Has a story come across your Facebook feed that seems too outrageous to be true? You may have been influenced by fake news without even knowing it. Ron Darvin, lecturer and researcher of the UBC Faculty of Education, will show you how to separate fact from fiction.
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This article was published in the Vancouver Sun:
VANCOUVER (NEWS 1130) – We’re hearing a lot about digital literacy these days, especially as fake news is finding an audience. A local researcher says just because your kids know how to use a smartphone, doesn’t mean they’re digitally literate.
Ron Darvin, a UBC PhD student in the faculty of education, says in this era of massive amounts of online information, our kids are going to need to learn to discern between what’s true and what’s not. And that kind of education should start sooner rather than later.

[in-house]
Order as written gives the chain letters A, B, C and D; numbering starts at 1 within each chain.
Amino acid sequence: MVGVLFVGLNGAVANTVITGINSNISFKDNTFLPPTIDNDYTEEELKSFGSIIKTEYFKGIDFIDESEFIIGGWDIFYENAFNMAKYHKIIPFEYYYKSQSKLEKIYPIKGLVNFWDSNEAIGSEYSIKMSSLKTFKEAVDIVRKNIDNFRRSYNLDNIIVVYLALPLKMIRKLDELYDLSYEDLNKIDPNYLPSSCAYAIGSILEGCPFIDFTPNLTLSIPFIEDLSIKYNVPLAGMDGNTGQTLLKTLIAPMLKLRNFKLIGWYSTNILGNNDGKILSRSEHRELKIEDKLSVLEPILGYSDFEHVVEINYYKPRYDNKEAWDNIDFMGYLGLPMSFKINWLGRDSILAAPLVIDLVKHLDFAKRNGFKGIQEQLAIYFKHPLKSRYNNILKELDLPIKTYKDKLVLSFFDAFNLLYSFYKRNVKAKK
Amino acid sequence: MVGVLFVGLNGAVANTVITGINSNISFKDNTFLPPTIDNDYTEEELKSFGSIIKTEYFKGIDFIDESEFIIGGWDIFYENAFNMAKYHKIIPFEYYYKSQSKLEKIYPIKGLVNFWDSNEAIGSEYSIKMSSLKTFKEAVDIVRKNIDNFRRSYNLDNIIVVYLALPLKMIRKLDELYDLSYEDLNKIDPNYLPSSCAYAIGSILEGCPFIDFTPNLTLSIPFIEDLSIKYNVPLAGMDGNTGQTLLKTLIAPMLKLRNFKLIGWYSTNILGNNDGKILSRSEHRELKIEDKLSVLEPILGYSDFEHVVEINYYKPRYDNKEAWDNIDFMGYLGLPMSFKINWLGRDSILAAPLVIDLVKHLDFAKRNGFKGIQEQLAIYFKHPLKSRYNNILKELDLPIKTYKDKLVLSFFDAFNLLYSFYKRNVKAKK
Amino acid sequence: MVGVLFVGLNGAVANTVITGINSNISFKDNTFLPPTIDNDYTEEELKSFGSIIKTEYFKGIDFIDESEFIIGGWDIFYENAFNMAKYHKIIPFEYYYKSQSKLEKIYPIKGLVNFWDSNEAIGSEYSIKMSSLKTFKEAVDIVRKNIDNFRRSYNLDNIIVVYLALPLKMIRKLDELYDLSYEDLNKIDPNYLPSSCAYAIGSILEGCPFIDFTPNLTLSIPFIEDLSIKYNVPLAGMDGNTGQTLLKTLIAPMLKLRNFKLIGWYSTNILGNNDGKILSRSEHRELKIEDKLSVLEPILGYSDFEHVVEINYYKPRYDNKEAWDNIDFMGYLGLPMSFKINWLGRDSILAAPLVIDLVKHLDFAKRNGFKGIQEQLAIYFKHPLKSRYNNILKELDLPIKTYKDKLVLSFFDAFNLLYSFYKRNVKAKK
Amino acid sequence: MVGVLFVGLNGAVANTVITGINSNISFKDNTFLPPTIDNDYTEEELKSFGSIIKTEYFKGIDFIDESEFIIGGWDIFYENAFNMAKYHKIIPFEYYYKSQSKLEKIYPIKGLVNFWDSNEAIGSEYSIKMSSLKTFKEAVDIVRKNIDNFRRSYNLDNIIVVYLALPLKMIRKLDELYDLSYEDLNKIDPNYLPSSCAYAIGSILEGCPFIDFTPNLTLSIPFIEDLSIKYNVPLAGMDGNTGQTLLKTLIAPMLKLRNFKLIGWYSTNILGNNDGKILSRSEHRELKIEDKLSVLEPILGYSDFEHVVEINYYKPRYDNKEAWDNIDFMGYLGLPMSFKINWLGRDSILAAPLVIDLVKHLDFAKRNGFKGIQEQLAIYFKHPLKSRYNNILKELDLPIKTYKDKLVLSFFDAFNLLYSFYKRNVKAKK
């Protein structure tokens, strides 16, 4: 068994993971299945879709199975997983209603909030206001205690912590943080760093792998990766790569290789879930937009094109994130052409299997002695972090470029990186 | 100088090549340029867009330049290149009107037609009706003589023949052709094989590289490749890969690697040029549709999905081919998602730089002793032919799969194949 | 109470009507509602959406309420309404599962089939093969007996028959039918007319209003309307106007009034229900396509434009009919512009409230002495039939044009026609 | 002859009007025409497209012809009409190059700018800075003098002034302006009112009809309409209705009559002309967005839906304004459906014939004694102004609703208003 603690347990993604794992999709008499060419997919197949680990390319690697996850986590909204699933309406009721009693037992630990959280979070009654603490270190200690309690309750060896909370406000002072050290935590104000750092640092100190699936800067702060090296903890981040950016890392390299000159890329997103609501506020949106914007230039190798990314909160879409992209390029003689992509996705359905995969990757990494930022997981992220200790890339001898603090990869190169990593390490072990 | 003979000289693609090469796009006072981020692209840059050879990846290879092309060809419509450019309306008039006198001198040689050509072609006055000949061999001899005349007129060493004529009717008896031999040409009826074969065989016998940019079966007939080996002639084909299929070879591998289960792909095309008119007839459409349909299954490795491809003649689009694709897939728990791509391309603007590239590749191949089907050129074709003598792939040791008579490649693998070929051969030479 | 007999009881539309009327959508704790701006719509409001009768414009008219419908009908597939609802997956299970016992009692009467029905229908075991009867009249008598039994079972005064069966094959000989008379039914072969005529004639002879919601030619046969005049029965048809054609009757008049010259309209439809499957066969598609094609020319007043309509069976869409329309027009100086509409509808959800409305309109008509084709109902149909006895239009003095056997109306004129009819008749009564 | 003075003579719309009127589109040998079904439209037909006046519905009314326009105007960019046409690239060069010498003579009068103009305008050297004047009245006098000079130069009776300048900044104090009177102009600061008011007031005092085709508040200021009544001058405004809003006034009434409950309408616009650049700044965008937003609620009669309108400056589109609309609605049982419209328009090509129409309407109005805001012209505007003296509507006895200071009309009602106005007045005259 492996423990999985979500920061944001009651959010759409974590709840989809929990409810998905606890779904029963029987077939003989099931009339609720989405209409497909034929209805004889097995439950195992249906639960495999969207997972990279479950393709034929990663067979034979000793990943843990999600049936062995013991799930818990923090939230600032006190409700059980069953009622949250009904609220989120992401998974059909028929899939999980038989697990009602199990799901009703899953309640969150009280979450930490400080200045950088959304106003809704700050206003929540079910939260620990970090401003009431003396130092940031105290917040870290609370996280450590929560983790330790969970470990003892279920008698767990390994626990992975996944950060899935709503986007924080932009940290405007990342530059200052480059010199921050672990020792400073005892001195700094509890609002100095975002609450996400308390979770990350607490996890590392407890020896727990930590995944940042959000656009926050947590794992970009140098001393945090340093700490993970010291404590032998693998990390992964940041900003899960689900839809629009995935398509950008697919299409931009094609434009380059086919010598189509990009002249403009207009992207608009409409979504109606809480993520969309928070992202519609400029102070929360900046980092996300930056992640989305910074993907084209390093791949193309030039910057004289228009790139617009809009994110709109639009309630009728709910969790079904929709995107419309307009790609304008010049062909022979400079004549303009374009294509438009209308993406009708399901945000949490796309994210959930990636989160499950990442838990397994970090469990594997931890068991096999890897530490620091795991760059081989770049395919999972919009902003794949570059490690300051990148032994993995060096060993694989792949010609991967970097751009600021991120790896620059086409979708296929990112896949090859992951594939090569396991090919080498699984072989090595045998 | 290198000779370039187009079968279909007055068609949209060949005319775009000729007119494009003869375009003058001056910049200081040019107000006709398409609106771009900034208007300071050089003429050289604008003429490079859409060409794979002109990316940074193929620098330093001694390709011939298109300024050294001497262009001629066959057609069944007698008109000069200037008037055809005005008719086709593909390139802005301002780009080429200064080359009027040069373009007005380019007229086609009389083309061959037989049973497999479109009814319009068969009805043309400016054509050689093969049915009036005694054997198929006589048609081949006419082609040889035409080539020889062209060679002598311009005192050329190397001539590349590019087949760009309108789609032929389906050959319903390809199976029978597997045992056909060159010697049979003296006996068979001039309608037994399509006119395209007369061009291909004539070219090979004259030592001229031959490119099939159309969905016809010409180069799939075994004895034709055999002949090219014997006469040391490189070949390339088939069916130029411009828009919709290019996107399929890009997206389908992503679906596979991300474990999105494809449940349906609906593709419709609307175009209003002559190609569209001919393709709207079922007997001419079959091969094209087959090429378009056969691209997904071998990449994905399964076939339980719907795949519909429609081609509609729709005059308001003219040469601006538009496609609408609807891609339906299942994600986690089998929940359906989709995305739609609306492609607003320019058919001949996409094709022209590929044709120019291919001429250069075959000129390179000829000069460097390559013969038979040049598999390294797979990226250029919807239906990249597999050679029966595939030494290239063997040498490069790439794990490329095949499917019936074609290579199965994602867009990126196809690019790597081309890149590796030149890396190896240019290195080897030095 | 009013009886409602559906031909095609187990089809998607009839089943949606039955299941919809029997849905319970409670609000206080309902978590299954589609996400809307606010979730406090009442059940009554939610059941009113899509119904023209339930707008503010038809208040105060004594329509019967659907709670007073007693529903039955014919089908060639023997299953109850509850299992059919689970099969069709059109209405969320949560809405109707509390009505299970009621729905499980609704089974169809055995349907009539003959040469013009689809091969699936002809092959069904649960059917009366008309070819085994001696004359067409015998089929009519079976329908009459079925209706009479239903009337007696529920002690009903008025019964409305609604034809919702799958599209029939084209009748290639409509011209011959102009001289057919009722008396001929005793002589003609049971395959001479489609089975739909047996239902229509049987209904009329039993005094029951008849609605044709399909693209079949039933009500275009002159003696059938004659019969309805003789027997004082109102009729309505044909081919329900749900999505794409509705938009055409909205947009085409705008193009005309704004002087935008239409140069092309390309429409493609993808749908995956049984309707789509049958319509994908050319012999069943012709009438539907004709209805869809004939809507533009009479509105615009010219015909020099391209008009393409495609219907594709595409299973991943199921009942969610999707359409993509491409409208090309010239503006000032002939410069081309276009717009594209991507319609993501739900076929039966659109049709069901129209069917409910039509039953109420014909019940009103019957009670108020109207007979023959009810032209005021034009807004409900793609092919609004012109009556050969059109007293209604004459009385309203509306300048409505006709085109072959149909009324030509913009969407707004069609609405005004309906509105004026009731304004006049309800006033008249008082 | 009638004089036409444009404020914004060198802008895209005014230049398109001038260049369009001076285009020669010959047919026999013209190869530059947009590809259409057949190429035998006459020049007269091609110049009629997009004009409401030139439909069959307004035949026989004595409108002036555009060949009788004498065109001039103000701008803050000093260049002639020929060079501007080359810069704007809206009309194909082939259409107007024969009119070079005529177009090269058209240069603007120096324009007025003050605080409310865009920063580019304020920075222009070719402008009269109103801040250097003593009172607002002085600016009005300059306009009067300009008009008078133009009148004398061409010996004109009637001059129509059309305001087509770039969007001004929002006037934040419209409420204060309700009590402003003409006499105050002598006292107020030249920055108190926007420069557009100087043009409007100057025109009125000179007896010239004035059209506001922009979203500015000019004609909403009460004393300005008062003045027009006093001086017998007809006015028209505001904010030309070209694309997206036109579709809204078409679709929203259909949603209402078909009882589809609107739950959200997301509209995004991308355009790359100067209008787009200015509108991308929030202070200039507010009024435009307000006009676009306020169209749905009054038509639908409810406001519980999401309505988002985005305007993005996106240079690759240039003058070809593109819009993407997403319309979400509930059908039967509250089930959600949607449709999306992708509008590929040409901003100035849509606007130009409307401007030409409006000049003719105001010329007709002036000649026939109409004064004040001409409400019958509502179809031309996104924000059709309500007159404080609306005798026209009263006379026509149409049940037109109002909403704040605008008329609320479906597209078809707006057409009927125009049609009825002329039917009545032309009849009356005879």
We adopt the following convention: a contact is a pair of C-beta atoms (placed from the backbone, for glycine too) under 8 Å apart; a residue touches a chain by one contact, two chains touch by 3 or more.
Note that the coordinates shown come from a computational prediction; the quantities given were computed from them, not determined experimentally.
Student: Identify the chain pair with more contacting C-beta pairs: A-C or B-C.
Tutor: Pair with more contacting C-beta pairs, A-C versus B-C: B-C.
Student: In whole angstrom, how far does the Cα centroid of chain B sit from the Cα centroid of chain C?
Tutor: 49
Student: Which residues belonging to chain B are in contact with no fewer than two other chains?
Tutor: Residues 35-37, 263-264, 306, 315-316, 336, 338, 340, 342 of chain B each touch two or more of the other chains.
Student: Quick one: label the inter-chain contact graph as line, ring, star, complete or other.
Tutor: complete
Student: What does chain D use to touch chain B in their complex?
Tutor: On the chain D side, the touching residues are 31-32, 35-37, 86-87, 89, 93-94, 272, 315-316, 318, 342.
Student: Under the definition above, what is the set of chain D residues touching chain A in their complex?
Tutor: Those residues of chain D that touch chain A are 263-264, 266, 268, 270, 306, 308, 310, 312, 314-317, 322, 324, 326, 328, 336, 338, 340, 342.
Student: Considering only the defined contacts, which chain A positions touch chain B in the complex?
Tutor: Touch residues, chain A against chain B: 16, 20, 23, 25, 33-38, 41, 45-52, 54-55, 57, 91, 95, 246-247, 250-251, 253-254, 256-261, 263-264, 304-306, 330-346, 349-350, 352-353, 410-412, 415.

“The moment kids use these devices, it’s very important for us to understand that while they can use social media and play games, there’s more to technology than entertainment.”
He suggests kids in school be taught how Google generates its search-engine lists, and how to identify the most credible sources of information. He says parents can play a role, too, by teaching their kids to be critical about what is found online.
“Recognizing how, when we are looking at news, that some news is a hoax or fake. It might be instinctive to some, but for others you have to spell that out. Kids needs to be able to find visual cues and recognize sources to make decisions about the authenticity of the information.”
In Canada, 99 per cent of students are able to connect to the Internet inside or outside school.
By Grade 11, 85 per cent of them have a mobile phone.